This question arose in Queensland recently in Linc Energy Ltd (in liq): Longley & Ors v Chief Executive Dept of Environment & Heritage Protection.  The Supreme Court of Queensland found that the liquidators of Linc Energy were not justified in causing the company not to comply with an environmental protection order that required the company to maintain equipment that the liquidators had disclaimed.

Linc Energy had a pilot underground coal gasification plant in Chinchilla, Queensland.  After Linc Energy was put into administration, the Queensland environmental authority issued an environmental protection order (EPO) requiring the company to keep on the land and maintain the equipment that was necessary to comply with the EPO.  Linc Energy's creditors then put it into liquidation and its liquidators disclaimed the land and equipment associated with the pilot project.  That disclaimer extended to any liabilities "in respect of" the disclaimed property.  The liquidators sought the Court's guidance as to whether they were justified in causing the company not to comply with the EPO. The Court found that the EPO obligations were liabilities in respect of disclaimed property and as such there was a direct conflict between the disclaimer provisions in the Corporations Act 2001 (Cth) and the EPO provisions in the Environmental Protection Act 1994 (Qld).  Based on the application of statutory priority provision, the Court held that the EPO provisions of the Environmental Protection Act 1994 (Qld) overrode the disclaimer provisions in the Corporations Act 2001 (Cth).  As such, the liquidators were not justified in causing the company not to comply with the EPO.  The judge was at pains to point out, however, that he had confined his analysis and directions to the specific set of facts.

There is no direct authority on this point in New Zealand. It is unclear whether a similar finding would be made here as there are pertinent differences between the environmental and insolvency regimes in Queensland and New Zealand.  The timing and content of any enforcement order or abatement notice issued against the company under the Resource Management Act 1991, along with the scope of any applicable resource consent condition or rule will be relevant to whether a disclaimer would be held to be effective in ridding the company of its environmental obligations.  However, there is New Zealand case law suggesting that the Courts do not view favourably the use of disclaimer to avoid environmental obligations when the liquidators have funds available to fulfil those obligations.  In Tubbs v Futurity Investments Ltd and Buchanans Foundry Ltd [1998] 1 NZLR 471 (HC), the liquidators' application to disclaim capacitors containing hazardous substances was declined on the basis that disclaimer should not be used to transfer environmental obligations onto the Crown simply to increase the payout to unsecured creditors.  In this case, the company in liquidation had sufficient funds to cover the disposal of the hazardous substances, even though it would not be able to satisfy its unsecured debts in full.  Tubbs was decided under the previous disclaimer regime, which required liquidators to apply for leave to disclaim onerous property.  Nonetheless, while liquidators no longer have to apply to the Court to disclaim onerous property, Tubbs is likely to be relevant if a creditor applies to the Court to reverse a disclaimer decision of a liquidator under section 284 of the Companies Act 1993.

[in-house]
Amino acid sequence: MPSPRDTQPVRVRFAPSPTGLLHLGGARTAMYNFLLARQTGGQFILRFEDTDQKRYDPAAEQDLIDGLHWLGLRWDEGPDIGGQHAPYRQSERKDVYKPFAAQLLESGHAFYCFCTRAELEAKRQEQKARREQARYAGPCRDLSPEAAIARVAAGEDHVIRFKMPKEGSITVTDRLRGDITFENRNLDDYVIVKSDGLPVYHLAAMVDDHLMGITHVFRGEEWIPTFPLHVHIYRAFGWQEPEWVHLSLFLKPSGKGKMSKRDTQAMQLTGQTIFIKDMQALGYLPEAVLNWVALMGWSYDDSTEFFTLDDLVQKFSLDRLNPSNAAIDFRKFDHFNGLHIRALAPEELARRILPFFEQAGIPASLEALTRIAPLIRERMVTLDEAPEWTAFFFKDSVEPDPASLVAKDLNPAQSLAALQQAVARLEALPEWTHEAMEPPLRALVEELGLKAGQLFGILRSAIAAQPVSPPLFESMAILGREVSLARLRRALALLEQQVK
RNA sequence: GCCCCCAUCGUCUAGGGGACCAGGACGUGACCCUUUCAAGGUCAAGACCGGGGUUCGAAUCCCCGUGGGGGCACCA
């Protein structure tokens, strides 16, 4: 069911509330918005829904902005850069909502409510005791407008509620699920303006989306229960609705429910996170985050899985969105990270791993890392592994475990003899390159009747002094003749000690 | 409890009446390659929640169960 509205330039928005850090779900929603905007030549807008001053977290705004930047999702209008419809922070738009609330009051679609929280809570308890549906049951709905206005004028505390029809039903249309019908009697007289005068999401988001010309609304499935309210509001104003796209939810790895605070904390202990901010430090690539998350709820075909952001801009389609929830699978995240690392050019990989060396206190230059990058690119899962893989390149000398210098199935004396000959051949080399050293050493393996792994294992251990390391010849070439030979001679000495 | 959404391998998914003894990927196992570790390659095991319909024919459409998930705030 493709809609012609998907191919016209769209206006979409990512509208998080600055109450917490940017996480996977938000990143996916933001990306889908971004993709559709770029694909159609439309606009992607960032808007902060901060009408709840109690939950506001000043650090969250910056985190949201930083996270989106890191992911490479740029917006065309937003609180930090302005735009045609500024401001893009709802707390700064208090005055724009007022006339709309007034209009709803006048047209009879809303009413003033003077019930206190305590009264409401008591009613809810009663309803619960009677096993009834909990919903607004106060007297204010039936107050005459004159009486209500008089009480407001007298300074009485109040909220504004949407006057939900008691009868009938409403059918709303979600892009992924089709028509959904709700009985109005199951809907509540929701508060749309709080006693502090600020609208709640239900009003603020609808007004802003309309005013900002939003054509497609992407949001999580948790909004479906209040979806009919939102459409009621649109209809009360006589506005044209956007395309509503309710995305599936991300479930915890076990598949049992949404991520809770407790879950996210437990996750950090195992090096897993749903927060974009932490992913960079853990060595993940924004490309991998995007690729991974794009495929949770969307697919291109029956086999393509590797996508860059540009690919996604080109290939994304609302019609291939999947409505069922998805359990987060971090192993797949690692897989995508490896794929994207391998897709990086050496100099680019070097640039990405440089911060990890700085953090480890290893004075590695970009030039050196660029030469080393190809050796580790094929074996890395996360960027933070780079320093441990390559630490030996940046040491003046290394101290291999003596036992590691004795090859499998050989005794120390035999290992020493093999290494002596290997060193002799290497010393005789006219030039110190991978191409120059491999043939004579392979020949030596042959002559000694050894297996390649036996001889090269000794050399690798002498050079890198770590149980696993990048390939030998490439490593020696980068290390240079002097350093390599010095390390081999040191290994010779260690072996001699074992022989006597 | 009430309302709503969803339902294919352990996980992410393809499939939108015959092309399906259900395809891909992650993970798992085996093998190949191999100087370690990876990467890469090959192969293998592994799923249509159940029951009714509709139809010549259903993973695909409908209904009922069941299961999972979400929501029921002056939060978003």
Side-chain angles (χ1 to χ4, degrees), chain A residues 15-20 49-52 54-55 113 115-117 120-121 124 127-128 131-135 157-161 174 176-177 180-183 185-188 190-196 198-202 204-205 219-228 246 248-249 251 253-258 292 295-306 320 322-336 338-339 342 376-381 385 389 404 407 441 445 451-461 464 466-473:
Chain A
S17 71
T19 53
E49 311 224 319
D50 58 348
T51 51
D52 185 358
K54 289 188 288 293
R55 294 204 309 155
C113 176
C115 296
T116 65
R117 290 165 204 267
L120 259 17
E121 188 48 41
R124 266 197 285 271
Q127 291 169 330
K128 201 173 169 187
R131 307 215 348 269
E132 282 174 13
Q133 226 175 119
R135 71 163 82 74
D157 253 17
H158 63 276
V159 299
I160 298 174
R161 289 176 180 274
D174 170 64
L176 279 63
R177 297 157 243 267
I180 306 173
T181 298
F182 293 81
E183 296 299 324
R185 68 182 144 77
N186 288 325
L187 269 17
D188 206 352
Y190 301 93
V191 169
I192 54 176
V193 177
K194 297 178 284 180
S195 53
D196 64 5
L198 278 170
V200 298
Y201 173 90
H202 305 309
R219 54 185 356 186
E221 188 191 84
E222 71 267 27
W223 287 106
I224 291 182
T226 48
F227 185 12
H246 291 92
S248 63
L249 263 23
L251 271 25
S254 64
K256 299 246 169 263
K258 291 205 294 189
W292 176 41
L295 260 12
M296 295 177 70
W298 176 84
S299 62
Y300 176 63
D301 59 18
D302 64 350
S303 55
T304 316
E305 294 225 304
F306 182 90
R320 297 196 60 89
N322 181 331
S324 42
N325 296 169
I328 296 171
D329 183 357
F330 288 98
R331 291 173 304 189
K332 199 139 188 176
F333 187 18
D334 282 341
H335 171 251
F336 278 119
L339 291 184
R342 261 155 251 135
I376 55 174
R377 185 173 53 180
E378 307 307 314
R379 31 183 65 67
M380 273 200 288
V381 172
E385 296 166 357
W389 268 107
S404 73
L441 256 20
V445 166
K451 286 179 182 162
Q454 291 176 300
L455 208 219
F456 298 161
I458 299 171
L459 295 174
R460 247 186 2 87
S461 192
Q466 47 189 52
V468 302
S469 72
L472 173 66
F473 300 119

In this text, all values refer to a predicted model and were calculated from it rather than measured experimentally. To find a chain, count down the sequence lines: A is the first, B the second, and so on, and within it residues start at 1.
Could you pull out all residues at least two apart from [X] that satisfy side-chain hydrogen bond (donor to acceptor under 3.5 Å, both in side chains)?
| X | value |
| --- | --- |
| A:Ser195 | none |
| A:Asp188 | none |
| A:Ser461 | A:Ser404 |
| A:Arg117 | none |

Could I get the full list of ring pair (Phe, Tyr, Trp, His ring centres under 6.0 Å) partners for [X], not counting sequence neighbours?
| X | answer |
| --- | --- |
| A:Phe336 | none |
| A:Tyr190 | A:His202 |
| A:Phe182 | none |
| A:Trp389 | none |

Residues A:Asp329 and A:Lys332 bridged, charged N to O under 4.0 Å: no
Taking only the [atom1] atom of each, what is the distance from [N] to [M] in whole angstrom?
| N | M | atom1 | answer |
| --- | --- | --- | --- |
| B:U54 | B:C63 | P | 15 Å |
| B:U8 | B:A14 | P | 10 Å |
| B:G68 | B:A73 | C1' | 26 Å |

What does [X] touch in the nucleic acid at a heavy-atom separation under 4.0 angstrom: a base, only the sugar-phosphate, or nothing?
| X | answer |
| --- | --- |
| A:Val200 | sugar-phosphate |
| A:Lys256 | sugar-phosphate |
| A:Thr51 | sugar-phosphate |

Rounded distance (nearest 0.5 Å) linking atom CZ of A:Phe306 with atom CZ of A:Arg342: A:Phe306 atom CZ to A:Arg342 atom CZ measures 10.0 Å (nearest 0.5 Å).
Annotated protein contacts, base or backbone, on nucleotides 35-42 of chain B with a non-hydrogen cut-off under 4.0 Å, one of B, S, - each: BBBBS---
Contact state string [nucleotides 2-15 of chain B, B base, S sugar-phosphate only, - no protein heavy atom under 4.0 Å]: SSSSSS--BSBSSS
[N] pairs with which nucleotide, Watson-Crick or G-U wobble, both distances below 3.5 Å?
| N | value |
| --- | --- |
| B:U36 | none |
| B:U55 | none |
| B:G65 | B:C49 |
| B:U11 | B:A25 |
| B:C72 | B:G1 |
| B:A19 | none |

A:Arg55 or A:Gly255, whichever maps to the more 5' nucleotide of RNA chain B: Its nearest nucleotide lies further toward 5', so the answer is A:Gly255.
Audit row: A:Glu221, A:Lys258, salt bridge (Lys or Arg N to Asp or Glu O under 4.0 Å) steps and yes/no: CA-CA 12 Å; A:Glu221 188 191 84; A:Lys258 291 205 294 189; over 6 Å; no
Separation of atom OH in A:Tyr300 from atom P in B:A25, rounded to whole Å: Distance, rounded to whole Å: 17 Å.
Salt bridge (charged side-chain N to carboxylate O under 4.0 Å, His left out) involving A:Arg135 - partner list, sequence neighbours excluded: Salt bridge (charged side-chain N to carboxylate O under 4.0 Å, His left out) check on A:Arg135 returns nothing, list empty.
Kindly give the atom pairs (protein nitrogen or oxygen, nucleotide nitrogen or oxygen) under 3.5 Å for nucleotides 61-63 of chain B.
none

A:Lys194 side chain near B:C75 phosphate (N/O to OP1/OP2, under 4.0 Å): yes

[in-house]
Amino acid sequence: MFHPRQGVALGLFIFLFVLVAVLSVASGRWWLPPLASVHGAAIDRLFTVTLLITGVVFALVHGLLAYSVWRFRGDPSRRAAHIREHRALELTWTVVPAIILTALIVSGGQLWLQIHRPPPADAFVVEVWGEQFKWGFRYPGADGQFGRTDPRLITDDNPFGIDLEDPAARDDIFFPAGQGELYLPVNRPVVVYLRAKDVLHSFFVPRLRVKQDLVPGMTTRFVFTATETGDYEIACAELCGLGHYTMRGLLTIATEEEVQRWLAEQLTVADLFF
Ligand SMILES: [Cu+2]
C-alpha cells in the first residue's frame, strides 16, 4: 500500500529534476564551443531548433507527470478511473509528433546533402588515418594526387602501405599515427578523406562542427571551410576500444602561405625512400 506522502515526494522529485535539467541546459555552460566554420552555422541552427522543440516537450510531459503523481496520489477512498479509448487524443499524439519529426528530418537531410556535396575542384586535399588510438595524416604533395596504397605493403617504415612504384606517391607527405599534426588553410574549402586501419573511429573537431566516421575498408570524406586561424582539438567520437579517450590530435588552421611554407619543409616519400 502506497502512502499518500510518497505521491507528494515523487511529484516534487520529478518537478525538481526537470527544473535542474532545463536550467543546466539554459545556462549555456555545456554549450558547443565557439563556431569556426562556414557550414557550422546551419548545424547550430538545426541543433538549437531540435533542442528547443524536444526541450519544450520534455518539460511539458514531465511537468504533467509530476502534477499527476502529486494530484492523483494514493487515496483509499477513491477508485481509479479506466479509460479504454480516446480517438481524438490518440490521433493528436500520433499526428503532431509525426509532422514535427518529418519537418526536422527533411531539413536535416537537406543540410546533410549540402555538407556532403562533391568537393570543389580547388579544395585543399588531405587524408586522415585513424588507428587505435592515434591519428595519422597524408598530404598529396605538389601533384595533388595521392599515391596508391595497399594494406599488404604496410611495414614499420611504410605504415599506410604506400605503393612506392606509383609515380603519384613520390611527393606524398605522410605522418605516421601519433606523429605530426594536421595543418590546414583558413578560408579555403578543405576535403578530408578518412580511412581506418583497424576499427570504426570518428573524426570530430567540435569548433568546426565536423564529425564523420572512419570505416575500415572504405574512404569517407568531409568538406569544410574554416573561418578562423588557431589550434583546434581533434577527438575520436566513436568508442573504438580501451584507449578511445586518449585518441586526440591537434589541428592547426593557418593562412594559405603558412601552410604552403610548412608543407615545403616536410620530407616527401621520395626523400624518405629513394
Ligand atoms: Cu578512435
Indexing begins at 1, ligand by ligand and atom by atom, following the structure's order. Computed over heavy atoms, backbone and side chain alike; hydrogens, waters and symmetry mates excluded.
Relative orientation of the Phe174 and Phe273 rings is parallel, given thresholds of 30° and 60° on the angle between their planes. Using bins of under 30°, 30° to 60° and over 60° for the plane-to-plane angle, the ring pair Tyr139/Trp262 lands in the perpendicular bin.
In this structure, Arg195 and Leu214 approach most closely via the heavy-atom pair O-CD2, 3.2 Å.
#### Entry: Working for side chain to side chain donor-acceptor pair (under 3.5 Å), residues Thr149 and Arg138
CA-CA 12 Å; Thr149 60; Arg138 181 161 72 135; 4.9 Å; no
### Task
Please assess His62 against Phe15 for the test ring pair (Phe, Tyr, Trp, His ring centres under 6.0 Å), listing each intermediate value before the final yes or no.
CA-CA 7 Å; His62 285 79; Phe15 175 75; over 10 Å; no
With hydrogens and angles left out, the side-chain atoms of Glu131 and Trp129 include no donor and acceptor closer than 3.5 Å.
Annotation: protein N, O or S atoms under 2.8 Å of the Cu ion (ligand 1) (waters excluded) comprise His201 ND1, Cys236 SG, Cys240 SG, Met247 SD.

It seems that the Crown is more likely to allow disclaimer of property burdened with onerous environmental obligations when there are no funds available in the company to discharge those obligations.  In Timaru District Council v R [2016] NZHC 2170, there were no funds in the relevant company to remediate contaminated land that it owned.  Various Crown agencies took a pragmatic approach to the disclaimer of contaminated land, so as to allow it to be remediated using Crown funds set aside for that purpose.

It is also important to note the judge's finding that the liquidators were 'executive officers' of the company for the purpose of s 493 of the Environmental Protection Act 1994 (Qld), which provides that executive officers commit an offence under the EPA if the company does.  Section 340 of New Zealand's Resource Management Act 1991 similarly provides that if a company is convicted of an offence under the Act, "a person involved in the management of the defendant" is guilty of the same offence if it is proved that:

  • The act or omission that constituted the offence took place with his or her authority, permission, or consent
  • That he or she knew, or could reasonably be expected to have known, that the offence was to be or was being committed and failed to take all reasonable steps to prevent or stop it.

However, while liquidators would likely fall into the category of "a person involved in the management of the defendant", they could only be liable under that provision for breaches that occurred after the company came under their control and only if the enforcement authority had first been able to secure a conviction against the company.  The enforcement authority would have had to have been given leave by the Court to pursue any such enforcement action against the company in liquidation.

Read the full Supreme Court of Queensland decision here.